Save it for America.
This post is by Amber Johnson, an International Affairs major and Spanish and Sociocultural Anthropology minor student at George Washington University. During the spring 2013 semester she is participating in the CIEE Advanced Liberal Arts program.
When I arrived in Spain, along with my 2 over-50 pound suitcases and 2 carry-ons, I brought a lot of reservations with me. I was worried about how the Sevillanos would treat me because of my race. I did a lot of "research" online, reading about the perception of black people in Spain, and I spoke with some black students who had traveled to Spain before. A lot of what I read said that there is a lot of animosity directed towards African immigrants because they are viewed by a lot of Spaniards pretty much how Mexicans immigrants are viewed by a lot of Americans. However, I found very little information about the perception of Black Americans in Spain. But now that I have been here in Seville for nearly two months and have had a few incidences, I feel like I have some right to comment on my perspective of the black experience in Seville.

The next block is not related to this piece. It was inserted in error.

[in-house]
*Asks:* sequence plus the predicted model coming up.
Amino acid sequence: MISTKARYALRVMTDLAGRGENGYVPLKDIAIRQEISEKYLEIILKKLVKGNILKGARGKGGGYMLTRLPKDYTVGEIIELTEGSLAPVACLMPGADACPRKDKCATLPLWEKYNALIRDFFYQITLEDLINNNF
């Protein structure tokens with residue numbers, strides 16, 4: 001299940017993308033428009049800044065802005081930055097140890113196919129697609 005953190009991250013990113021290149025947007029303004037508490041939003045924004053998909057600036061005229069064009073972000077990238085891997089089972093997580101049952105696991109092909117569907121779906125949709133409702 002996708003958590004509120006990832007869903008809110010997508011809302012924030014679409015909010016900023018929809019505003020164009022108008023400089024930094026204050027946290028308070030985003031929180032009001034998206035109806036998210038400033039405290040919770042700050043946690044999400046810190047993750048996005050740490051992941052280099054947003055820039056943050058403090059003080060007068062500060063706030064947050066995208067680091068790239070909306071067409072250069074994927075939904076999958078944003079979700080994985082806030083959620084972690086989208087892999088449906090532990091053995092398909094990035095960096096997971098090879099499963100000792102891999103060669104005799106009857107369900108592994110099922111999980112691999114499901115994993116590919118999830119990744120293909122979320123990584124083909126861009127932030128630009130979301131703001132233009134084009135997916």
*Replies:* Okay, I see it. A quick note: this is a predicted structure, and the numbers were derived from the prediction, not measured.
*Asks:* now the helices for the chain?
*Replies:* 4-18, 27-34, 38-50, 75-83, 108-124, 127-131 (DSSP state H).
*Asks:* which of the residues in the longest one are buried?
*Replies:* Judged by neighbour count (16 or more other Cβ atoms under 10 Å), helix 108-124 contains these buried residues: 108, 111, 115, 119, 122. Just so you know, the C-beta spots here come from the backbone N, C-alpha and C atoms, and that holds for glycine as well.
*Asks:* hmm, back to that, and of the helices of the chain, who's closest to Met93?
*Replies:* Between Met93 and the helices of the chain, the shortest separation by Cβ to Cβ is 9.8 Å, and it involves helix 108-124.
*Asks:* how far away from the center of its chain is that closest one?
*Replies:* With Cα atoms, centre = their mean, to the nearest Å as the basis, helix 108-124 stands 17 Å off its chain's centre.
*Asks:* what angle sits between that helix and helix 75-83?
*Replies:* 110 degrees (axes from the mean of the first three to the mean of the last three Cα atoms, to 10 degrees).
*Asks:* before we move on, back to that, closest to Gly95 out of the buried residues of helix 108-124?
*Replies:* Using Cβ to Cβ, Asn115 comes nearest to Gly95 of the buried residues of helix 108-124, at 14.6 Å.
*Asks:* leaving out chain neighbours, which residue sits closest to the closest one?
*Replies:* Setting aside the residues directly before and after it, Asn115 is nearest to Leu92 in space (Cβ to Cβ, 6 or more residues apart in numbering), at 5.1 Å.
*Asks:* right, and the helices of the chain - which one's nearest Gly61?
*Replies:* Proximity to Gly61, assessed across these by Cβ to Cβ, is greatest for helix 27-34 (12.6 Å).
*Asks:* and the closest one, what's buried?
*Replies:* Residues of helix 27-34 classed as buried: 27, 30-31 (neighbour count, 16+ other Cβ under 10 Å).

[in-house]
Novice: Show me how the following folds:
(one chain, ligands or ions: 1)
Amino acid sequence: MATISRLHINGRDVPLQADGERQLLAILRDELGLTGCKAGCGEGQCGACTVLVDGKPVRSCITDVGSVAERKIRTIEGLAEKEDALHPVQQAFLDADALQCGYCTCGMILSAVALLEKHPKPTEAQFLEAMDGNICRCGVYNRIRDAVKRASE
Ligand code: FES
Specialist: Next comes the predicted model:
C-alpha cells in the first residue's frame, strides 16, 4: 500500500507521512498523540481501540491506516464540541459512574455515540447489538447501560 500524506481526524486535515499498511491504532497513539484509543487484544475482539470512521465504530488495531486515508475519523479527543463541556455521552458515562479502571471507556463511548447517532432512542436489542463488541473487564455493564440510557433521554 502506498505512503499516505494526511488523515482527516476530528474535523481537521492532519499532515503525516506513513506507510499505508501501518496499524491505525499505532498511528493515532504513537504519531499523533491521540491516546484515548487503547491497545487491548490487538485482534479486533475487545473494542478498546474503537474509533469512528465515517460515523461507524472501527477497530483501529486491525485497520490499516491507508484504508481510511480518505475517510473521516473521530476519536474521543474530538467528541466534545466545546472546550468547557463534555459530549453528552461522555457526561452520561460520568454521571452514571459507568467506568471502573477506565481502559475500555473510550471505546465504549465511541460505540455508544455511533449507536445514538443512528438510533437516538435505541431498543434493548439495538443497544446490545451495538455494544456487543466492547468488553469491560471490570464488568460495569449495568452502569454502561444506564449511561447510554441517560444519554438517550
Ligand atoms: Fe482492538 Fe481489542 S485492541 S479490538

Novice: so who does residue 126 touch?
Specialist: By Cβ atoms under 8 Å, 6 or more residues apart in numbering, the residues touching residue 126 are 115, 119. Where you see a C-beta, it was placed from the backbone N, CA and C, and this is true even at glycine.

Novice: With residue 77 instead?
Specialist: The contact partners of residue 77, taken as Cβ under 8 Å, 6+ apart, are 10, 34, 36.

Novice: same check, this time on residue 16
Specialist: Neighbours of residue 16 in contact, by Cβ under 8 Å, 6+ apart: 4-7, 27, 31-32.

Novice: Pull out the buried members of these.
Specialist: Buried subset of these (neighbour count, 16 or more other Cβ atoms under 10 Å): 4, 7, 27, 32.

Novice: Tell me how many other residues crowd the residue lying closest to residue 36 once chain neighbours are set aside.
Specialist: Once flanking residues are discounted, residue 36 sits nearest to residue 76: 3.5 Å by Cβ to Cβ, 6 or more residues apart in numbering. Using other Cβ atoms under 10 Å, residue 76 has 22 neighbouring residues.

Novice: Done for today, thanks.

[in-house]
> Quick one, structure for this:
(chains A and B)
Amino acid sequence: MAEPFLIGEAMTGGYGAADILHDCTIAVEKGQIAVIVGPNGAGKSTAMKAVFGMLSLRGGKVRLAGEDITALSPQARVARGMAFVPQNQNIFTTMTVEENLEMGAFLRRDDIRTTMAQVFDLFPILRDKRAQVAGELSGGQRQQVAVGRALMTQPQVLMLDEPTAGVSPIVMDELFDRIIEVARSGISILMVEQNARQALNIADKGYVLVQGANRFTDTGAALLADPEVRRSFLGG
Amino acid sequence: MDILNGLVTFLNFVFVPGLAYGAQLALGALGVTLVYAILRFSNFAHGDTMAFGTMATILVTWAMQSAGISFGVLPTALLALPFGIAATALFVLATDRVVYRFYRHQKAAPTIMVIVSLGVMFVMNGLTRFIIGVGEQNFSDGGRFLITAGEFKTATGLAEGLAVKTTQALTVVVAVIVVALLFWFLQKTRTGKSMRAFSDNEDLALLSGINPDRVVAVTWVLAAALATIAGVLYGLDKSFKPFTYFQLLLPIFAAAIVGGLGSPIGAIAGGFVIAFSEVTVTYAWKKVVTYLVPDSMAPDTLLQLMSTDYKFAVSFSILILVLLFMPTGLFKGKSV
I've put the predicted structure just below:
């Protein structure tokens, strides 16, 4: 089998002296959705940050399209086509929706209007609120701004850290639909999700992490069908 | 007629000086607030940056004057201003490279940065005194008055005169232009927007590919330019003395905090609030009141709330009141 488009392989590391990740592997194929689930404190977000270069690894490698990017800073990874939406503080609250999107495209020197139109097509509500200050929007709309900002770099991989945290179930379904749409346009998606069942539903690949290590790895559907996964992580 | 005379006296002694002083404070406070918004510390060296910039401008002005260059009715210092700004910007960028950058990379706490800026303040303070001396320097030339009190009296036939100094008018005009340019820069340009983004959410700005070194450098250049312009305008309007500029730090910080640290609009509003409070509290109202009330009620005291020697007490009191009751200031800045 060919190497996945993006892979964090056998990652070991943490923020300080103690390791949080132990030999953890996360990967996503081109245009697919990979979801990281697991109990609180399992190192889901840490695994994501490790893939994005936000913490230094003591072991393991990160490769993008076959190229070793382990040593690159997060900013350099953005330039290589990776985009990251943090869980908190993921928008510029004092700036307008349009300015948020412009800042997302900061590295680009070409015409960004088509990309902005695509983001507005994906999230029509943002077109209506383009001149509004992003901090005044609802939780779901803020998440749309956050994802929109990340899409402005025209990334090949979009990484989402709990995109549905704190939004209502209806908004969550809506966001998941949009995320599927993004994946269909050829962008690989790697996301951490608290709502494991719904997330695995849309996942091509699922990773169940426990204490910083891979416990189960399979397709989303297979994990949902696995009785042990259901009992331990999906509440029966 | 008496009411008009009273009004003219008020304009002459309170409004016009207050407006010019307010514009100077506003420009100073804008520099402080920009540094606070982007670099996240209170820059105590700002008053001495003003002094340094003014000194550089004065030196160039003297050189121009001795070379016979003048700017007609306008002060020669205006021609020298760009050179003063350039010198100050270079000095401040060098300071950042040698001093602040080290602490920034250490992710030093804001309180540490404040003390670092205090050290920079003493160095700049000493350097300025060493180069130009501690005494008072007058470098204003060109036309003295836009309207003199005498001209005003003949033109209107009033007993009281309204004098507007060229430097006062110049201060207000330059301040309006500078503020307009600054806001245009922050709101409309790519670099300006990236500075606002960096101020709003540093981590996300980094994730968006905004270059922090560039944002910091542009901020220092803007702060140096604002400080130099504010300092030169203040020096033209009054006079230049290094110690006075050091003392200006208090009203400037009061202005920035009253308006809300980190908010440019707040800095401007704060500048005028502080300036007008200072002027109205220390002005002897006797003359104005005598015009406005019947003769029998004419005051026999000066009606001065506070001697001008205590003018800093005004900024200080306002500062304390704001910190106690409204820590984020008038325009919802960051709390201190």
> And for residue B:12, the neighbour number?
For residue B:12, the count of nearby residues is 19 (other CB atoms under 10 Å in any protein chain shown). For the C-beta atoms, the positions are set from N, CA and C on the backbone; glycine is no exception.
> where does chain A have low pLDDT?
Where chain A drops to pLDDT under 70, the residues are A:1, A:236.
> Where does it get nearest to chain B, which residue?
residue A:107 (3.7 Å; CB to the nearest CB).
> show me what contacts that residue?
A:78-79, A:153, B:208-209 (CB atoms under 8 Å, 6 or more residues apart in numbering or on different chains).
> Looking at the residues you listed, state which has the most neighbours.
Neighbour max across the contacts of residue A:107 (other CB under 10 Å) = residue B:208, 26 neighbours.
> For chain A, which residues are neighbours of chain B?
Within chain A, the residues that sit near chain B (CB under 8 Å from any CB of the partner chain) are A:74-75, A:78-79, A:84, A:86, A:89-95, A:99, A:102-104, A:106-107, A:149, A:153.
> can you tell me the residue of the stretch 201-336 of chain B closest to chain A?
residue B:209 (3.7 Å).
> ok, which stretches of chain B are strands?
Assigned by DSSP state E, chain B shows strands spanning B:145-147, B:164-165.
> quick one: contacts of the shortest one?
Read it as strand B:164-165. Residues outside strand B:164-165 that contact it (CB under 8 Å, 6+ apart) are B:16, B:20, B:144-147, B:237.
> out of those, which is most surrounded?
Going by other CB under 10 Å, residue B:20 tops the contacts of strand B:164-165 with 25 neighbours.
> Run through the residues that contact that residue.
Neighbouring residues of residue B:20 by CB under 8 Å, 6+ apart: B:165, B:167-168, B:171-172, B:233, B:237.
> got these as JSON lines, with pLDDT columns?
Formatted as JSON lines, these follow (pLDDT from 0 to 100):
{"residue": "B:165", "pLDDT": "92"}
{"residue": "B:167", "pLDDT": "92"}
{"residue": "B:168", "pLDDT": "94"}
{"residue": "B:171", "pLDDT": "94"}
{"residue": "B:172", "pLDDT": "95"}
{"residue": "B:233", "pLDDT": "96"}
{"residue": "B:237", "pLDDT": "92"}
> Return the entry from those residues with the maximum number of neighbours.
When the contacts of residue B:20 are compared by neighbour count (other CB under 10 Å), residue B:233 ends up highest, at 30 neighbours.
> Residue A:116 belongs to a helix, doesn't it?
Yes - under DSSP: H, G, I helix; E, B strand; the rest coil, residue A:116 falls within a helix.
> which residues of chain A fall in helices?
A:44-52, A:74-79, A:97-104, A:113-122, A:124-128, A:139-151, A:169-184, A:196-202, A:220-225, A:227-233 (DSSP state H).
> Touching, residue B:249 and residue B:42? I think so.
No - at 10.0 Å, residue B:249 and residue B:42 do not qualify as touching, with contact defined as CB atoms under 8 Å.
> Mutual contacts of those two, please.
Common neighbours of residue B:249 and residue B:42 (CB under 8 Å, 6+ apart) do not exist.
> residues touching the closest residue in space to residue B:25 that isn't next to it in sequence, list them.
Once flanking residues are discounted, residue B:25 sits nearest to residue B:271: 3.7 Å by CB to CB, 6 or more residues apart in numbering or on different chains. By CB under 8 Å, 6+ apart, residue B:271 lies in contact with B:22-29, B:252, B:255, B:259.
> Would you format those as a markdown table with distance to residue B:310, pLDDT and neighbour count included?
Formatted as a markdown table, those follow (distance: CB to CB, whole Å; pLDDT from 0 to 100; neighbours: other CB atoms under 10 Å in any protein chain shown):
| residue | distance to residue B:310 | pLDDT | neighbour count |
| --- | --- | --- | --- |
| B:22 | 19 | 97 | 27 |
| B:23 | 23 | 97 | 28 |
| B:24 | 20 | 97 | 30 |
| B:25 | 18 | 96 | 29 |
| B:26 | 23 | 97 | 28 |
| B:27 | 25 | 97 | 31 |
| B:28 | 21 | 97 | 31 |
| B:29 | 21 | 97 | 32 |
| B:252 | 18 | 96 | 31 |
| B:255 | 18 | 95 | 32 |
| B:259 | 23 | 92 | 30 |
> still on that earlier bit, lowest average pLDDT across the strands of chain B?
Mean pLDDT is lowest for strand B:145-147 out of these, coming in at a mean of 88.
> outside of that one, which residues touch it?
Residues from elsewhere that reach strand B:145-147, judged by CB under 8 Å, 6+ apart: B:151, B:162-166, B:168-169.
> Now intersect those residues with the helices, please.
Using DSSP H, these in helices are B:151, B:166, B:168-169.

So, when you ask someone where’s the best place to buy a cheap purse or some snacks for that long stretch of time between lunch and dinner and they tell you go to a “chino” it is not racist. It is an obvious fact that most (if not all) of the “chinos” or “alimentaciones” around Sevilla are owned by or have workers of Asian descent, many of which are Chinese, and these stores have lots of products for low prices. Just because Sevillanos are not obsessed with classifying everyone into their distinct racial or ethnic categories does not mean they do not respect other cultures. Instead, I think it means they believe there are much more important things to worry about than boxing people into arbitrarily-defined racial categories that often help to oppress instead of empower the people they define. My recommendation to the American study abroad student in Spain, and more specifically in Sevilla, is to loosen up. Ignore the urge to politicize everything and look at things through the Sevillan perspective. Instead of trying to spread the American perspective on political-correctness, research what issues are affecting Sevillan political culture (such as how the Romany/Gypsy population is treated in the city and what are people’s views on the outright corruption in the Spanish Parliament) and immerse yourself in these issues.